Helle Bank Jorgensen
CEO and Founder
Managing Director, Transformation
In July 2022, I had the pleasure of interviewing Helle Bank Jorgensen, CEO and Founder of Competent Boards at BSR’s Future of Reporting Workshop. Helle and I previously spent a few years as advisory board members to Ethical Corp (now Reuters Sustainability) when she invited me to join her Competent Boards program during a Responsible Business awards ceremony in London in 2019.
Some years later, as part of our BSR Future of Reporting workshop on Boards and Regulation this past July, Helle shared with our 70+ members her experience since the founding of Competent Boards in 2019, with insights on who is seeking board training, what type of training, and what’s next for the evolution of boards.
Here are the key takeaways from our discussion:
- ESG training is not about “skills-washing”—boards now have a duty of care in the new regulatory environment.
- Where previously curious board directors sought training upon recognizing a skills gap, we’re now seeing entire company board cohorts looking to upskill on all issues across ESG.
- “Luck favors those who come prepared.” There is a changed mindset from "why boards should care" to "how do we care about this." This means going beyond compliance to building long-term value creation
- Boards need to have the right insights and foresight for resilience in governance.
- Directors live their values—they must be stewarded and acted upon.
Helle, could you tell us more about Competent Boards?
Competent Boards provides designation and certification programs on ESG and climate for board members and senior business professionals. Boards need to be equipped with knowledge and frameworks that allow them to understand emerging ESG issues and make informed decisions that contribute to the well-being of companies and society. Competent Boards leverages the expertise of over 180 faculty members to equip boards with the knowledge and network needed to succeed.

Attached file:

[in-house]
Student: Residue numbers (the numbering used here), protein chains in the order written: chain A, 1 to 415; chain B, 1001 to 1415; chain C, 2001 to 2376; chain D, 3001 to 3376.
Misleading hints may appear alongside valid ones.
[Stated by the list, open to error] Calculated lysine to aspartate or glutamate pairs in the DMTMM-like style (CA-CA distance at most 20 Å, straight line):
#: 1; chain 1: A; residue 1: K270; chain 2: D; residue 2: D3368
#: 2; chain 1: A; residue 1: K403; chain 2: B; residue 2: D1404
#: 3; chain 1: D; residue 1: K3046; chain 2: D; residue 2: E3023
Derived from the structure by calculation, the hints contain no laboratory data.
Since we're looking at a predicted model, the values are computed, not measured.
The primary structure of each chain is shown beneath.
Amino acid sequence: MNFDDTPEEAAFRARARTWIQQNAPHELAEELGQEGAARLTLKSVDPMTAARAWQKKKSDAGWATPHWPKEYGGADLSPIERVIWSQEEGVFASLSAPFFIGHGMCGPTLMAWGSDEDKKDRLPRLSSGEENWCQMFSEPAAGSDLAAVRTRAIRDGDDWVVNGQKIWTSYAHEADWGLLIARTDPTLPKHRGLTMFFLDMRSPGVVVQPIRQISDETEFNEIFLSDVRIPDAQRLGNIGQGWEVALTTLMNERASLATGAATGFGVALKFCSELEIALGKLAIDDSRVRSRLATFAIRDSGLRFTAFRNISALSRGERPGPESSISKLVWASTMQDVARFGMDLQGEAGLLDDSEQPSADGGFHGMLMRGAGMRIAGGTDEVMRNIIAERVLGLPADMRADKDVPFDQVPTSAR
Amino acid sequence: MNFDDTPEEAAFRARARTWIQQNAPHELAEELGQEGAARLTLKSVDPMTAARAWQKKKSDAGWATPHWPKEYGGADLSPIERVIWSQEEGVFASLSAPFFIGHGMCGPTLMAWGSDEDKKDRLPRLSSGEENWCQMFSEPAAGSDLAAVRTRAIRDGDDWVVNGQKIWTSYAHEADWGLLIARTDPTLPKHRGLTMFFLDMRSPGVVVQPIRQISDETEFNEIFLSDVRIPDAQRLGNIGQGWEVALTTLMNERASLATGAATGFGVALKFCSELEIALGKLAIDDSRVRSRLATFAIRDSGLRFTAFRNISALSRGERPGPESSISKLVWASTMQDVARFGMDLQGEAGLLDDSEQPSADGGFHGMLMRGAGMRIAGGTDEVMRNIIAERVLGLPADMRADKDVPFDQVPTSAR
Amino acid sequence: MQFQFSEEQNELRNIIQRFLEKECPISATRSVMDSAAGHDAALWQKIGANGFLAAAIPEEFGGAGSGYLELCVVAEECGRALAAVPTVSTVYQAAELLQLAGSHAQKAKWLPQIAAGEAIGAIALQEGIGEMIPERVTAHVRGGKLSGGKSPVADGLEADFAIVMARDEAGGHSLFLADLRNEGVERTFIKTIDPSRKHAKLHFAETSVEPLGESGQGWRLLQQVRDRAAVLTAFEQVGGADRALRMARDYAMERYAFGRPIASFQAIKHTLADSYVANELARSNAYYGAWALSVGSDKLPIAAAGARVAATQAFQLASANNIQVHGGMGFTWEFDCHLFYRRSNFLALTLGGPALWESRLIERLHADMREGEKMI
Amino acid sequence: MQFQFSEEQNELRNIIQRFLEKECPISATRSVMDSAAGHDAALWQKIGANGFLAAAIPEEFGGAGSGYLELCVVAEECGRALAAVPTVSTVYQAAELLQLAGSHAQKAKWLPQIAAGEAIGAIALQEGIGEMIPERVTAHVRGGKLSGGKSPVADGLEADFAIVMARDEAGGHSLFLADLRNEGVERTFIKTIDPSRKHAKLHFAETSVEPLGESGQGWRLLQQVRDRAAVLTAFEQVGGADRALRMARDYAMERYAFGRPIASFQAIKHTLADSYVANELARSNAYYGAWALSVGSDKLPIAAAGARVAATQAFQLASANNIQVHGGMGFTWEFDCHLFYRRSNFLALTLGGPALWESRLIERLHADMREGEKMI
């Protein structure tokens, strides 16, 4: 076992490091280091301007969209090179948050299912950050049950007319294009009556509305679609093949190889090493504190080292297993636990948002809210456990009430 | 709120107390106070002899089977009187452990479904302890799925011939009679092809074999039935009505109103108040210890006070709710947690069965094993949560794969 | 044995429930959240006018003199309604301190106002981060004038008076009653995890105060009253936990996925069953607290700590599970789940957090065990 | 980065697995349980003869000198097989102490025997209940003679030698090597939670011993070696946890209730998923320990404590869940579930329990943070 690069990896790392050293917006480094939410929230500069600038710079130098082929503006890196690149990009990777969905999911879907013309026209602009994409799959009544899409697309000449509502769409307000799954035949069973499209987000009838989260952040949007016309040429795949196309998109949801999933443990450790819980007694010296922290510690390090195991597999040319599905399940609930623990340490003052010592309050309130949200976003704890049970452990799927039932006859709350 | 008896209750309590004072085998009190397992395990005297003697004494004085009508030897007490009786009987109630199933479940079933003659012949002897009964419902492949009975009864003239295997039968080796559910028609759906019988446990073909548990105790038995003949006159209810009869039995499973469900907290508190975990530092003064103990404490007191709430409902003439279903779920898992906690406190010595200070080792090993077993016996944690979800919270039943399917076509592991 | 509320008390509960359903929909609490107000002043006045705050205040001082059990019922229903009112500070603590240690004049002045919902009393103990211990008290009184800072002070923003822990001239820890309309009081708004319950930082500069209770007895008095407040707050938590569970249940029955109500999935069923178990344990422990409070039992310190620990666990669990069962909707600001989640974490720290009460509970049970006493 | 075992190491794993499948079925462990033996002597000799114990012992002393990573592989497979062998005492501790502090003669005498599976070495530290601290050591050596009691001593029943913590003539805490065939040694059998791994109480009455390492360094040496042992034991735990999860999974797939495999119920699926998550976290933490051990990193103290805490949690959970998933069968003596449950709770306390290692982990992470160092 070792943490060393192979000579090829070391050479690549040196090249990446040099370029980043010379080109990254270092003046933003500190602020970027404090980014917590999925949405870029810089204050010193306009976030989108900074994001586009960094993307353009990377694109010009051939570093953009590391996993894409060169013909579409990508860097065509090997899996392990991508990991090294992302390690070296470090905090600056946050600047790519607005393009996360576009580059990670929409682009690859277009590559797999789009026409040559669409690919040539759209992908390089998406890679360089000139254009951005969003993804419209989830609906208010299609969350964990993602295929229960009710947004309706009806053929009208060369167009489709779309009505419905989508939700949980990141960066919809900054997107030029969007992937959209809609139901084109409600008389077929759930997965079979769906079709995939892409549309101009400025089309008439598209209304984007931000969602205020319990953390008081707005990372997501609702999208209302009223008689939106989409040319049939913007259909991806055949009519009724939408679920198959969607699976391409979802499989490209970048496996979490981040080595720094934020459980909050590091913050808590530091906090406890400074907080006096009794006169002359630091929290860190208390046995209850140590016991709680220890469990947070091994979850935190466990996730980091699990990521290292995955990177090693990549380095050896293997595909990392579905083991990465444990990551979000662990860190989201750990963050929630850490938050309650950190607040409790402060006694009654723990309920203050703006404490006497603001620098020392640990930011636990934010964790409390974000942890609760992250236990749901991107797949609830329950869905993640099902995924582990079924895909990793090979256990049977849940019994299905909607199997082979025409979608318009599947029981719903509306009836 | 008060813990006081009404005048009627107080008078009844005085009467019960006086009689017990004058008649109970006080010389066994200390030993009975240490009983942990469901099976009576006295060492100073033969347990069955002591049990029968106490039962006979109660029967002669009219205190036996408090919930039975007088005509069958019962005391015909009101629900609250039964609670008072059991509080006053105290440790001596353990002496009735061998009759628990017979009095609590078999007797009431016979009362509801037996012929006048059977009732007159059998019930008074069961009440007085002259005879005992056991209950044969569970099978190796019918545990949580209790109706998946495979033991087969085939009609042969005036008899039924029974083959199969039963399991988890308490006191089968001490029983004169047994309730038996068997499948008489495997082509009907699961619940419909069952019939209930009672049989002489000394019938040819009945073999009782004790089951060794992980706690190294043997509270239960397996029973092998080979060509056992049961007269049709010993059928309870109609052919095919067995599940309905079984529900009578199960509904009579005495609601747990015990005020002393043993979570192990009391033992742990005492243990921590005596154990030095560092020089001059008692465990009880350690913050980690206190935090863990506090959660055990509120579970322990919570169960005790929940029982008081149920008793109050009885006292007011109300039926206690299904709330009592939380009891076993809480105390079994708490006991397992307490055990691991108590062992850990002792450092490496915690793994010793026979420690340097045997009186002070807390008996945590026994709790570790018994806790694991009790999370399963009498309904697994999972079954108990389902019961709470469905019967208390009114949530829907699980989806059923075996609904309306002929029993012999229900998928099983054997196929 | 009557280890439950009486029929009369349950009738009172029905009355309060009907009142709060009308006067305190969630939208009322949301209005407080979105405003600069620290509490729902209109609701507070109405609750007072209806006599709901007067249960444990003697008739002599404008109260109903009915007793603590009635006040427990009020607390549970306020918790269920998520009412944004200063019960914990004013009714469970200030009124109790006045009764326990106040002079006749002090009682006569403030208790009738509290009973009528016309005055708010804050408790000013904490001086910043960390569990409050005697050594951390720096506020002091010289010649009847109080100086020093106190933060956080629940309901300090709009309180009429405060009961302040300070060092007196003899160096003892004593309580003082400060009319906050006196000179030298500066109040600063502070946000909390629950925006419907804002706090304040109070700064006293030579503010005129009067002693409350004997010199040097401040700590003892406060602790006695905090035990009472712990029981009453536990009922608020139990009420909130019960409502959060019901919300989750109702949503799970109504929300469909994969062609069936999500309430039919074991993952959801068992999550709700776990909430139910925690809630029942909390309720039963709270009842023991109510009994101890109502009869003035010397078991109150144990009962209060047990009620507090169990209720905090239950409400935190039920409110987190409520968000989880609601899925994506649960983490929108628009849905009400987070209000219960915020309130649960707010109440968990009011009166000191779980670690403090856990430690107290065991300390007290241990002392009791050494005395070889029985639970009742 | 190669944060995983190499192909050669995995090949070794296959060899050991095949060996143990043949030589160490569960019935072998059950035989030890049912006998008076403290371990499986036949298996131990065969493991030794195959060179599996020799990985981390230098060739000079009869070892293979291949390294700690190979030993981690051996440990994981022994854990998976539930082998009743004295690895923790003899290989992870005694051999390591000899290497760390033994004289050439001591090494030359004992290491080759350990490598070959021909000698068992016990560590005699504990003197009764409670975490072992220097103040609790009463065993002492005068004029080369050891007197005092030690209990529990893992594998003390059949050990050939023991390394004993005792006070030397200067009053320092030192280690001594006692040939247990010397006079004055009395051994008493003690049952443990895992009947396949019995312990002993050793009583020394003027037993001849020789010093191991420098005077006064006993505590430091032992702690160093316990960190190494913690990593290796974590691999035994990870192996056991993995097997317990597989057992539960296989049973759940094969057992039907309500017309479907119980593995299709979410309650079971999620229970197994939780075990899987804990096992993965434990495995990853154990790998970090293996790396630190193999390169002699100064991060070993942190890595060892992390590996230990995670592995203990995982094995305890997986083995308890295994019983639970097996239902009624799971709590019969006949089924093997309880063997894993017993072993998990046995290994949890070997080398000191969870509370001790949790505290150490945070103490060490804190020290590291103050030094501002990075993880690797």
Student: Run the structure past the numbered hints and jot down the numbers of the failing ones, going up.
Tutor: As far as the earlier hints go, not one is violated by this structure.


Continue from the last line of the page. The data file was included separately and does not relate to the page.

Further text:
You launched Competent Boards in 2019 at Davos with astounding success. How have profiles of those who are getting certified evolved over the years?
Before, it was just believers at a personal level who were curious or lifelong learners who joined the program. Now, it is much broader. Professionals today are recognizing their duty and acknowledging the skills gap. ESG training is not about “skills-washing." Directors joining the program want to feel confident that they have the necessary information to anticipate risks and opportunities to the business and how the company can create more value for shareholders and society at large. More and more companies today are therefore asking to work with their entire board instead of just a few individual members. This is a huge mindset shift.
What are boards finding most difficult today in terms of ESG? Is there any one aspect they are struggling with more?
Many board members and professionals today are aware of the climate challenge and need to act in this decisive decade. However, less known and explored–and yet still important in terms of duty of care and duty to act—is human rights. Boards have discovered that this is business too, strategic, often overlooked in terms of major risks, and invisible to hidden risks in supply chains and operations. In Europe, there is now the Corporate Sustainability Due Diligence Directive that changes the game and stipulates a board’s duty to act. Many boards today are not ready for this.
How are questions from board members changing?
The biggest change I’m seeing in terms of board mentality is “why boards should care” to “how can we care about this.” I recently said at a World Economic Forum meeting, “luck favors those who come prepared,” and I firmly stand by this. There is a changed mindset from compliance, to accountability, to long-term governance and value creation, versus passive oversight or delegation to other experts in the company. Boards can ensure that they have the right insights and foresight for resilience in governance, including an important baseline knowledge and understanding across E, S, HR, and G.
With today’s shifting regulatory framework and the new role of boards, what’s next?
More scrutiny from stakeholders as well as shareholders. Shareholders are getting sophisticated in their knowledge of ESG and the value drivers for the company. They’re sharp, and they ask far more targeted questions.
I also want to conclude by saying that there is a profound cultural change happening from the inside. Companies must internalize their core values, and this starts at the board level. Boards must live their values—and these values must be stewarded and acted upon. Otherwise, we’re back at where we started—“skills-washing” through ESG.